A few years ago, frustrated with the economy and spending…
Intro by Skip Cohen
Reading this post from Bryan Caporicci’s archives got me thinking about one of my favorite quotes:
In the end, we only regret the chances we didn’t take.
There were two reasons I chose to share Bryan’s article today. First, we’re all settling into new routines, and the pandemic has created time to pick up a camera and just go out and shoot! Downtime is the perfect excuse to strengthen your own skills and capture images for the most important client you have…yourself!
Second, we’ve all been where Bryan was deciding to step into the scene and be a photographer. I’ve heard so many artists talk about the importance of being upfront with people when you’d like to take their photographs. All it takes is kindness and a smile – and if they object, you’ve lost nothing but a few seconds of your time.
Most of the great street photographers know success because they communicate. Instead of hiding with a long lens, they often talk to the subject and let them know they’re there with shorter focal lengths. In turn, they capture more emotion and better images!
By Bryan Caporicci
I’m going to share something completely different here. This website is about the business of photography, and we started it to help you grow your business. But, I believe that mindset (and confidence) have a lot to do with your success (in business) as a photographer.
So – with that in mind …
I have recently re-discovered a new appreciation for photography. I’ve been going out in the mornings for sunrise sessions to explore the Fujifilm GFX.
This morning, I didn’t have anyone to photograph, but I still wanted to get up and photograph the sunrise.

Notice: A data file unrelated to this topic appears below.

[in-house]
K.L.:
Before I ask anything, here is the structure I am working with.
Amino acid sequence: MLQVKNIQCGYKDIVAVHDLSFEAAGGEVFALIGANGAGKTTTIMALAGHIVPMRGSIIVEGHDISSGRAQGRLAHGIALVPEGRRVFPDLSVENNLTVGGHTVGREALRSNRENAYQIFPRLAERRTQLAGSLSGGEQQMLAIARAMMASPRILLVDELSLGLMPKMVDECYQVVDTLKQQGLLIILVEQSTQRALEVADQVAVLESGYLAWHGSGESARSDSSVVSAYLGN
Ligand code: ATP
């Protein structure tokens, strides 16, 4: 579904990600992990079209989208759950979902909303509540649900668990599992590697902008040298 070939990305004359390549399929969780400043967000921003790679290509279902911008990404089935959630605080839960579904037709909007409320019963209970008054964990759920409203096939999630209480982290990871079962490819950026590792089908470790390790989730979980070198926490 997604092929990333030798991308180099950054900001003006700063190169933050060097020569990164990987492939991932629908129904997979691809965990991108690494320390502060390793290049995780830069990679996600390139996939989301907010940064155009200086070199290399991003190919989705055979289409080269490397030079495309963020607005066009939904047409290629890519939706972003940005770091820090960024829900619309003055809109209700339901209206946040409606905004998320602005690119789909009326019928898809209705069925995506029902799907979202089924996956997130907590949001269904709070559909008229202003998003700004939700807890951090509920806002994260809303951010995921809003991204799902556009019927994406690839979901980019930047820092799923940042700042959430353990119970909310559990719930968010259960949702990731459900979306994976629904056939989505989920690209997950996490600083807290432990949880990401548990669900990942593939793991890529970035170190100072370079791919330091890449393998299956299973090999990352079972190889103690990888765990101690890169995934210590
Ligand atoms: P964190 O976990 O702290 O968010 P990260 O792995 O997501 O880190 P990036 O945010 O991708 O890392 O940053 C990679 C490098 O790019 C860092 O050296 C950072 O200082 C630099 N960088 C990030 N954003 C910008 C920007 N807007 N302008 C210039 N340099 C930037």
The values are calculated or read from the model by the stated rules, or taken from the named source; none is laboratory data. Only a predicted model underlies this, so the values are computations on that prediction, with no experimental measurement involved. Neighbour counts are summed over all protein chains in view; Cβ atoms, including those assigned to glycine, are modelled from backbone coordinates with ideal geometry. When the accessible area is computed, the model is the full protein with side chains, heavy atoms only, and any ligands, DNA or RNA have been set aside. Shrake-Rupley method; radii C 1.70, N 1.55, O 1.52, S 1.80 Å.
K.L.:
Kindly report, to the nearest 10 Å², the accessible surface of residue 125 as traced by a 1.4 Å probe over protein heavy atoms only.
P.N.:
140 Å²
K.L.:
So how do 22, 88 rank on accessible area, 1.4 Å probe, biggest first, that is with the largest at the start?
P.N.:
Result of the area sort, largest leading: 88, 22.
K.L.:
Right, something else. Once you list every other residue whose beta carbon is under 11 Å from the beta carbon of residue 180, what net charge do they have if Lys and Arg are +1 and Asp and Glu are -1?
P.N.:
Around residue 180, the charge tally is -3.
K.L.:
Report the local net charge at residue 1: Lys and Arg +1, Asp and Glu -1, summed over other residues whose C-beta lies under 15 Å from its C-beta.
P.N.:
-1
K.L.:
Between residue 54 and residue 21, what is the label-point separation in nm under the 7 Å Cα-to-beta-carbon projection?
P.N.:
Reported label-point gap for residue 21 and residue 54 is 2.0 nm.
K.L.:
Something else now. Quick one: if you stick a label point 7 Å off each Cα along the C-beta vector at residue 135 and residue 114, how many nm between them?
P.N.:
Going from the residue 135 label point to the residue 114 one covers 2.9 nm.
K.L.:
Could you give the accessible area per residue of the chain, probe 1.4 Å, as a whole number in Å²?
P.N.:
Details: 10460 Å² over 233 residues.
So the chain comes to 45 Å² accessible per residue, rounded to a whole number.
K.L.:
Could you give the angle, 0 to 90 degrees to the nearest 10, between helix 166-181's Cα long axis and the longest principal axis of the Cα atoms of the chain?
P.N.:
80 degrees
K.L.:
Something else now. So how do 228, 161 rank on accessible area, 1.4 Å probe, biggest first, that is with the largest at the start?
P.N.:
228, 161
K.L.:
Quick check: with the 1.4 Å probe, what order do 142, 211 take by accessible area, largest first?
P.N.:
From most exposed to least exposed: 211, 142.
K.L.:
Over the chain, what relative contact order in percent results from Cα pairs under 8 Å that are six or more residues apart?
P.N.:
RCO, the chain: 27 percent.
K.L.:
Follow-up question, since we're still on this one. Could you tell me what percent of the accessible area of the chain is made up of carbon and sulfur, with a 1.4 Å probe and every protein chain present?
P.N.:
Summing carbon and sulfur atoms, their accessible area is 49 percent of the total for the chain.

As I was driving, I noticed a farmer’s field across some beautiful rolling hills. The workers were coming out to work. What caught my attention was the way the fog settled along across the slopes and how the workers popped out from the background in front of the haze.
It was stunning to me. But I hesitated.
Sure, I knew it would be a beautiful photograph, but I didn’t want to stop. I didn’t want to get out of the car. I didn’t want to bother the workers or make them feel uncomfortable.
But of course, it was my insecurity speaking. So, I kept driving.
Then I remembered studying with Mel Robbins and her book “The 5-Second Rule.” I said “5-4-3-2-1,” turned the car around and pulled over to the side of the road. Instead of photographing from a distance (like a creeper), I walked down to the field. I greeted the workers with a smile and began talking with them.
After a few minutes, I asked for their permission to photograph them. They agreed. Then the owner of the farm came out. He and I talked, I met his brother (who also owned the farm), and we had a great conversation. I got to know them a bit better, their history, why they bought the farm and what their hopes and dreams were.
He encouraged me to photograph as much as I wanted. He said that if I ever wanted to come back, I was more than welcome to.
So – I photographed.
Here is one of the images. You can see more in our Business of Photography Facebook community.
They’re not going to win any awards, but what they represent is significant.
Don’t hesitate. Don’t pause. If you feel drawn to something, go after it.
Be friendly. Smile. Be warm. Be welcoming. You will receive the same.
Funny enough, I think Joel Meyerowitz was speaking to my subconscious. I’m taking his course on “Masters of Photography,” and last night I watched his lesson that took place in Italy. He was photographing landscapes and some of the historical architecture there. He said “If you feel drawn to something, go after it. Trust your intuition.”
This morning I trusted my intuition. I pushed past my hesitation. I’m glad I did.
Technical details – this image is a straight-out-of-camera JPG file without any editing, shot on the Fujifilm GFX.
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